Chicken and Vegetable Cobbler

 
I adapted this recipe from a new favorite cookbook, The Back in the Day Cookbook by Cheryl Day and Griffith Day.  It’s a wonderful book full of old fashioned recipes based on their customers’ favorites from their Southern bakery in Savannah, Georgia.  It’s also packed with their baking know-how tips and gorgeous photos.  I’m currently reading it cover to cover and enjoying every page.
I’ve made many a chicken pot pie in my day and while this recipe goes by a different name, that’s what I still consider it.  It doesn’t have a bottom crust, and I’m ok with that.  It still has chicken and vegetables and gravy.  Where this recipe differs is that every single person at our dinner table loved it.  That just doesn’t happen often at our house, folks.  I will be making it often.
 Chicken and Vegetable Cobbler
                                                                                   
 
                                                                    Chicken and Vegetable Cobbler
 
Filling:
1 ½ sticks butter, at room temperature
1 cup finely diced yellow or brown onion
2 cloves garlic, finely chopped
5 cups chicken broth
3 carrots, peeled and cut into 1 inch pieces
3 celery ribs, chopped into 1 inch pieces
1 teaspoon salt
1 teaspoon pepper
1 ½ cups heavy cream
½ cup unbleached all-purpose flour
5 cups store-bought rotisserie chicken, shredded into bite-sized pieces
1 cup frozen peas, thawed
1 cup frozen corn, thawed
½ teaspoon dried thyme
½ teaspoon ground sage
¼ teaspoon cayenne pepper
 
The Topping:
Buttermilk Bicones (recipe below)
 
 
Preheat oven to 450 ͦ Spray a 9×13 inch baking dish with non-stick spray (I like butter flavor for this).
      Melt 4 tablespoons of the butter in a large pot over medium heat; add the onion and garlic and sauté until tender (about 5-8 minutes).  Add the carrots, celery, salt and pepper and sauté 2-3 minutes more before adding the chicken broth.  Bring all to a simmer and lower heat to med-low, partially cover pot and simmer for 15 minutes, stirring occasionally.
      Stir in the cream, raise the heat again to medium, and cook, uncovered, until all vegetables are tender, about another 12-15 minutes.
      Meanwhile, melt the remaining 8 tablespoons of butter and stir the flour into it to make a smooth paste.   
    When the vegetables are tender, lower the heat and whisk the flour paste a little bit at a time into the broth until combined.  Add the roasted chicken, peas, corn, thyme, sage and cayenne.  Cover the pot and let the filling simmer until thickened, about 10 minutes.
    Pour into the prepared baking dish.  Arrange the unbaked biscones over the filling, leaving about ¼ inch between them.  Bake for about 20 minutes, or until the top is golden brown.  Remove from the oven and let rest for 5 minutes before serving.
 
 
Buttermilk Biscones   
 
1 ½ cups unbleached all-purpose flour
1 ½ cups cake flour (not self-rising)
¼ cup sugar
2 tablespoons baking powder
¾ teaspoon salt
¼ teaspoon cardamom
2 sticks cold butter, cut into ½ inch cubes
1 ½ cups buttermilk (more or less, as needed)
 
Preheat oven to 375 ͦ.   Line baking sheet with parchment paper.
     In a large mixing bowl, combine the flours, sugar, baking powder, salt, and cardamom and whisk until completely incorporated.  Cut the butter in with a pastry blender, or do this in a food processor using quick pulses. You should end up with various-sized pieces of butter, from sandy patches, to pea-sized and larger ones as well.  Gradually pour in the buttermilk and fold the ingredients until you have a soft dough and there are no bits of flour at the bottom of the bowl.  If this happens before you’ve used all of the buttermilk, don’t use the entire 1 ½ cups or it’ll end up to sticky.  If you’ve used it all up but it’s still too dry, use a little more buttermilk.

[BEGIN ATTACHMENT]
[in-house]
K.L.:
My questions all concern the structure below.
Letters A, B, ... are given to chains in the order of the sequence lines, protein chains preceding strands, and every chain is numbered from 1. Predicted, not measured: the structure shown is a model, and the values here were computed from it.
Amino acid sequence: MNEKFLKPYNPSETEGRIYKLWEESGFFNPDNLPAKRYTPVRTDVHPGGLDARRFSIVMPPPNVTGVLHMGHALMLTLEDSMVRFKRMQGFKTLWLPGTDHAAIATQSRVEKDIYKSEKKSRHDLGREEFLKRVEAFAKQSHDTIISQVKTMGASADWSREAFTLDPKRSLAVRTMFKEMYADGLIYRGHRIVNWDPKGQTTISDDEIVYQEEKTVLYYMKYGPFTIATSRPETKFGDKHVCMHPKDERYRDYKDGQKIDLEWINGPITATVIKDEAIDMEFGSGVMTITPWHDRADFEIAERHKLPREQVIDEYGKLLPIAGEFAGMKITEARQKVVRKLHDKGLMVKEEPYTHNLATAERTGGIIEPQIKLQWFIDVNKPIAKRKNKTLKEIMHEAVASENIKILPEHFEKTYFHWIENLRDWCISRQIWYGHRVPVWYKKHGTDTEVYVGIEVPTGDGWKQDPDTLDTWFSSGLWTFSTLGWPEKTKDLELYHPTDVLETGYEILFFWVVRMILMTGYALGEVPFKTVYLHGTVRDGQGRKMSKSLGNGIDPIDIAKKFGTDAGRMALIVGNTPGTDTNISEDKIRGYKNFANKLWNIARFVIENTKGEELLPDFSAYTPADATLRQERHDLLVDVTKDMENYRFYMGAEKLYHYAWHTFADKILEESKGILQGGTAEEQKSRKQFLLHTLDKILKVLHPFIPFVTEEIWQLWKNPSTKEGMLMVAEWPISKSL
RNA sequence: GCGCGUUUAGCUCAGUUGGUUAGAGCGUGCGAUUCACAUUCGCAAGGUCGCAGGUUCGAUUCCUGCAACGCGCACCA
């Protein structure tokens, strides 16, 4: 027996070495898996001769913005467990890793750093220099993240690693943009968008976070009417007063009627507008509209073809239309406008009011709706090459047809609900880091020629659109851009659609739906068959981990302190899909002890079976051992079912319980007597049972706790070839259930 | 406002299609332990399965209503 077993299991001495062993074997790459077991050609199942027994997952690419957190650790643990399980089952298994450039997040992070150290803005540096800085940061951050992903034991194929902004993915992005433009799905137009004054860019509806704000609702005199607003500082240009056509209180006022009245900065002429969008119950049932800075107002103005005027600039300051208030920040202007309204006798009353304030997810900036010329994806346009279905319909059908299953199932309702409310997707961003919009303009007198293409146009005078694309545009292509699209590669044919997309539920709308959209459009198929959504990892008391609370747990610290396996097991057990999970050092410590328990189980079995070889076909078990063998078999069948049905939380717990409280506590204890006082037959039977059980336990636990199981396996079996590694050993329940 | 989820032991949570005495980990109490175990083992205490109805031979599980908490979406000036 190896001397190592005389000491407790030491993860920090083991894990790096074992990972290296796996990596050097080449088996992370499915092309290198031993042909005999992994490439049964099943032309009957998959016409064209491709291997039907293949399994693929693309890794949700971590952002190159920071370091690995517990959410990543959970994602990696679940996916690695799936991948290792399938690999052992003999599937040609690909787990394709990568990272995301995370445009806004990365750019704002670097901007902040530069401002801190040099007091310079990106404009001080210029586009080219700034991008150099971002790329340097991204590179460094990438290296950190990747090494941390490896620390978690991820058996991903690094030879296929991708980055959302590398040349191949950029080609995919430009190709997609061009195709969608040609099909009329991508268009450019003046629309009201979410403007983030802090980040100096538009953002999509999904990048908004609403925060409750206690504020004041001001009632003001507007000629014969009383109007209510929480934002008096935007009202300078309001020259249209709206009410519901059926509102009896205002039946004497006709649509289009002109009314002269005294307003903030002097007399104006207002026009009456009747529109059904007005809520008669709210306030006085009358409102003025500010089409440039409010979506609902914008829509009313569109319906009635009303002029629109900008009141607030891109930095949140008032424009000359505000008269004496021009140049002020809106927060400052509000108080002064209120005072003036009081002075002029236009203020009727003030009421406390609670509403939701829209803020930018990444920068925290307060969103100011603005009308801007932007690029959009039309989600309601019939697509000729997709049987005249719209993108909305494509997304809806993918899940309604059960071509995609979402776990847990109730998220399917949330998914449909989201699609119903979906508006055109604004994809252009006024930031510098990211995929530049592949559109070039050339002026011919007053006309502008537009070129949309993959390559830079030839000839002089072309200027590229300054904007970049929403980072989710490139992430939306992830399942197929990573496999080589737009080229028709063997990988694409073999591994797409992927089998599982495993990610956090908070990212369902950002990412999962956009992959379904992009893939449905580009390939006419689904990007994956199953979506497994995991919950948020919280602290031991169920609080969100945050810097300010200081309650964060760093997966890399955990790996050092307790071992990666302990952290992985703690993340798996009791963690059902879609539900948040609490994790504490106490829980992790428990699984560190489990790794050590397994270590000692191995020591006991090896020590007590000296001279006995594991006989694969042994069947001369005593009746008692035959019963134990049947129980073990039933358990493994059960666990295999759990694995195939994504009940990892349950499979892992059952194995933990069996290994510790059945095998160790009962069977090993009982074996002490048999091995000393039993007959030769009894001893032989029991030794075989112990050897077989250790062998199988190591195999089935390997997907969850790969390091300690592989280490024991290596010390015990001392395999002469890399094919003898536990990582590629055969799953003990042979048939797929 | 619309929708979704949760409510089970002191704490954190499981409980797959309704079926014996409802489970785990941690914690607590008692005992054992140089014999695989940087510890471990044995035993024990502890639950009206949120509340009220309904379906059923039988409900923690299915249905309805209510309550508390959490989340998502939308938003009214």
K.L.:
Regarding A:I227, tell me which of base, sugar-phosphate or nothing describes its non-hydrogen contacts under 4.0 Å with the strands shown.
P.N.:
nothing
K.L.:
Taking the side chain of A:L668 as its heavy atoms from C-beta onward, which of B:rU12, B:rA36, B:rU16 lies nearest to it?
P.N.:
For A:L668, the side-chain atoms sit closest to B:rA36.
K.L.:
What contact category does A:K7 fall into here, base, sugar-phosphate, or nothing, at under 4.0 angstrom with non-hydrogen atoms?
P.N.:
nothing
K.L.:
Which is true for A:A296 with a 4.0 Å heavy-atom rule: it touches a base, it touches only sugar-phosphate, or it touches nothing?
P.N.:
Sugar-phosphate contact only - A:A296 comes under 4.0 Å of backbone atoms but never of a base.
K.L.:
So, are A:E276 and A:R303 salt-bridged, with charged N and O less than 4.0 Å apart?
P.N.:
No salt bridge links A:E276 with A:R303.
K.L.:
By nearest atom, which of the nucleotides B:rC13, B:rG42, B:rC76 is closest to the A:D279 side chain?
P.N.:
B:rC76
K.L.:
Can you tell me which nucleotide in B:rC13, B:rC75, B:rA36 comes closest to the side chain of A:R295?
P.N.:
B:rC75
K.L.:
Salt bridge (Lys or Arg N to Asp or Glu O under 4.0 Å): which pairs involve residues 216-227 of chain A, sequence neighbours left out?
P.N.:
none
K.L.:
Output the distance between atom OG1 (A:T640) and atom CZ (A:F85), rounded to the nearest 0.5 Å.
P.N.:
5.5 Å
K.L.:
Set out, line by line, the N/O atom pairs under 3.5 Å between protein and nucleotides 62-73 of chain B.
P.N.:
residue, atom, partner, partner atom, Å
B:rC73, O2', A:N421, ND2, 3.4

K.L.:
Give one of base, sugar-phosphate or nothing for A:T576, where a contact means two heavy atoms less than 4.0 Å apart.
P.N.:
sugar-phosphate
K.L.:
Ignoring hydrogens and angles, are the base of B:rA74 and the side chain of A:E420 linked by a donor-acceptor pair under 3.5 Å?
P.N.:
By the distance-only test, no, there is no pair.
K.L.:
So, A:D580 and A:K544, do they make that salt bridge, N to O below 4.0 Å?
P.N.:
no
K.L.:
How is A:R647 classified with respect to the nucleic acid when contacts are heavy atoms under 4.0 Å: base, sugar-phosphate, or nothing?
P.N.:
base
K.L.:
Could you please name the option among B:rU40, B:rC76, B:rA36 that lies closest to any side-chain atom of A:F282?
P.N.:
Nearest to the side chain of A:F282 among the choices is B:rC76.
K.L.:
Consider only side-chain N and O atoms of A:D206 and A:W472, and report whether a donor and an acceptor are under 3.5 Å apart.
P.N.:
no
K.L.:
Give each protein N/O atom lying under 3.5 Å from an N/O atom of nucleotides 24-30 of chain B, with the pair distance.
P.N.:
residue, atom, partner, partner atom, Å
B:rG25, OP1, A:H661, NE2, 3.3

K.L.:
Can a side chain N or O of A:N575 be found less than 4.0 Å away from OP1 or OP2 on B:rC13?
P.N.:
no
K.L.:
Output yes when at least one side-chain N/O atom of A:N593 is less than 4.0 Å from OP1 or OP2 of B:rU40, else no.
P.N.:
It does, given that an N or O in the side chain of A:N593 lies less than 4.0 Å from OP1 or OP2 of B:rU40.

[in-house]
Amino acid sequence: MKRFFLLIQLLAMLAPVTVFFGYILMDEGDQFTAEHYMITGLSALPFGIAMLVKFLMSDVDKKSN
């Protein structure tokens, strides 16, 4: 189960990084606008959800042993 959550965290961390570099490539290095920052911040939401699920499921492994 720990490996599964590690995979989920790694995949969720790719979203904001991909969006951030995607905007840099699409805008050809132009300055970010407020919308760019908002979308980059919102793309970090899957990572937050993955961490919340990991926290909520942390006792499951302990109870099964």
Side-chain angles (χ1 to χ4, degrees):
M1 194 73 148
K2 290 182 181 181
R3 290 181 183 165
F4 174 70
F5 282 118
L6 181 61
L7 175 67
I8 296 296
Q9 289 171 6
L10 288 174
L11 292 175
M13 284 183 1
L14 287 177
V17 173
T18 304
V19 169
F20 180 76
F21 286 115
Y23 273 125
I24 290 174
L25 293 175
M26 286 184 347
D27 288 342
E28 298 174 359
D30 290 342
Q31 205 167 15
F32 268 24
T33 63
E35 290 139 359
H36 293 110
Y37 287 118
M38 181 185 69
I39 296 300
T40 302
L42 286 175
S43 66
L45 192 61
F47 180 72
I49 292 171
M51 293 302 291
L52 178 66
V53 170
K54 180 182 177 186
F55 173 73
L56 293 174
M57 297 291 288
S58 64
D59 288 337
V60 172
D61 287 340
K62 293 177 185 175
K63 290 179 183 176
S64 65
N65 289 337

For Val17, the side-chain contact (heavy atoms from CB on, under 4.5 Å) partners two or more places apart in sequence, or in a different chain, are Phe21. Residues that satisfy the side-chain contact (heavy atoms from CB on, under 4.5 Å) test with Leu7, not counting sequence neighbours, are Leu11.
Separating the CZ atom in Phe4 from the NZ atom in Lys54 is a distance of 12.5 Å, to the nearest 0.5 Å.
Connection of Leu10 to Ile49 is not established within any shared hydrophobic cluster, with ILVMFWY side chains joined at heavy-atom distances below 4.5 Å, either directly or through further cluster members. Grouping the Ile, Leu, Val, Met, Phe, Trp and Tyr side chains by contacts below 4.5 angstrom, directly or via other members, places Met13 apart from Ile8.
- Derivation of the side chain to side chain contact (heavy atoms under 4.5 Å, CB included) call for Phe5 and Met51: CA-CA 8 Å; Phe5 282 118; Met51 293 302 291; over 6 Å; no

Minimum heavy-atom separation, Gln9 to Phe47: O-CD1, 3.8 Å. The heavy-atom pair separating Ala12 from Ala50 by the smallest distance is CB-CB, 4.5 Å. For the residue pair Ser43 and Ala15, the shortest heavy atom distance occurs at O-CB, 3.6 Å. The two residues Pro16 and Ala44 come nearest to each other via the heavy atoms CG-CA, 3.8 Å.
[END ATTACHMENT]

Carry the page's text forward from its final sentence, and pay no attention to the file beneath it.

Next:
Gently pat the dough in the bowl until it resembles a loaf of bread.  Dust the top of it lightly with flour.  Using a large ice cream scoop, scoop mounds of dough onto the prepared baking sheet so that they are 1 inch apart.  Lightly tap the tops down. 
     Brush lightly with extra buttermilk before baking.
 

Kool Aid Play Dough

Kool-Aid Play Dough

My grandmother made this recipe for my daughters often when they would sleep over at her house.  She’d make it for them and then they’d sit for hours at her kitchen counter, with rolling pins and all of her cookie cutters at their disposal, happily chatting away to her as they rolled this out over and over, cutting out their favorite shapes.  This recipe not only smells great, but has the added advantage of being completely non-toxic, in case your little one decides to take a taste (as little ones are known to do!).  I’ve pulled it out now because one of my girls, working her way through college as a nanny, asked me for it so she can make it for the kids she watches a few days every week. This is one recipe that simply builds its own memories.  

 

                                                                    Kool-aid® Playdough

 

3 cups flour

½ cup salt

2 packages unsweetened Kool-Aid

2 cups boiling water

3 Tbls vegetable oil

 

Mix dry ingredients in a large mixing bowl.   Carefully add the hot water and stir with a large  spoon until all is moistened.  Knead the oil in to the mix as soon as it’s cool enough to handle. Continue to knead until the dough is completely smooth.  Store in zip-loc bags or Tupperware.  

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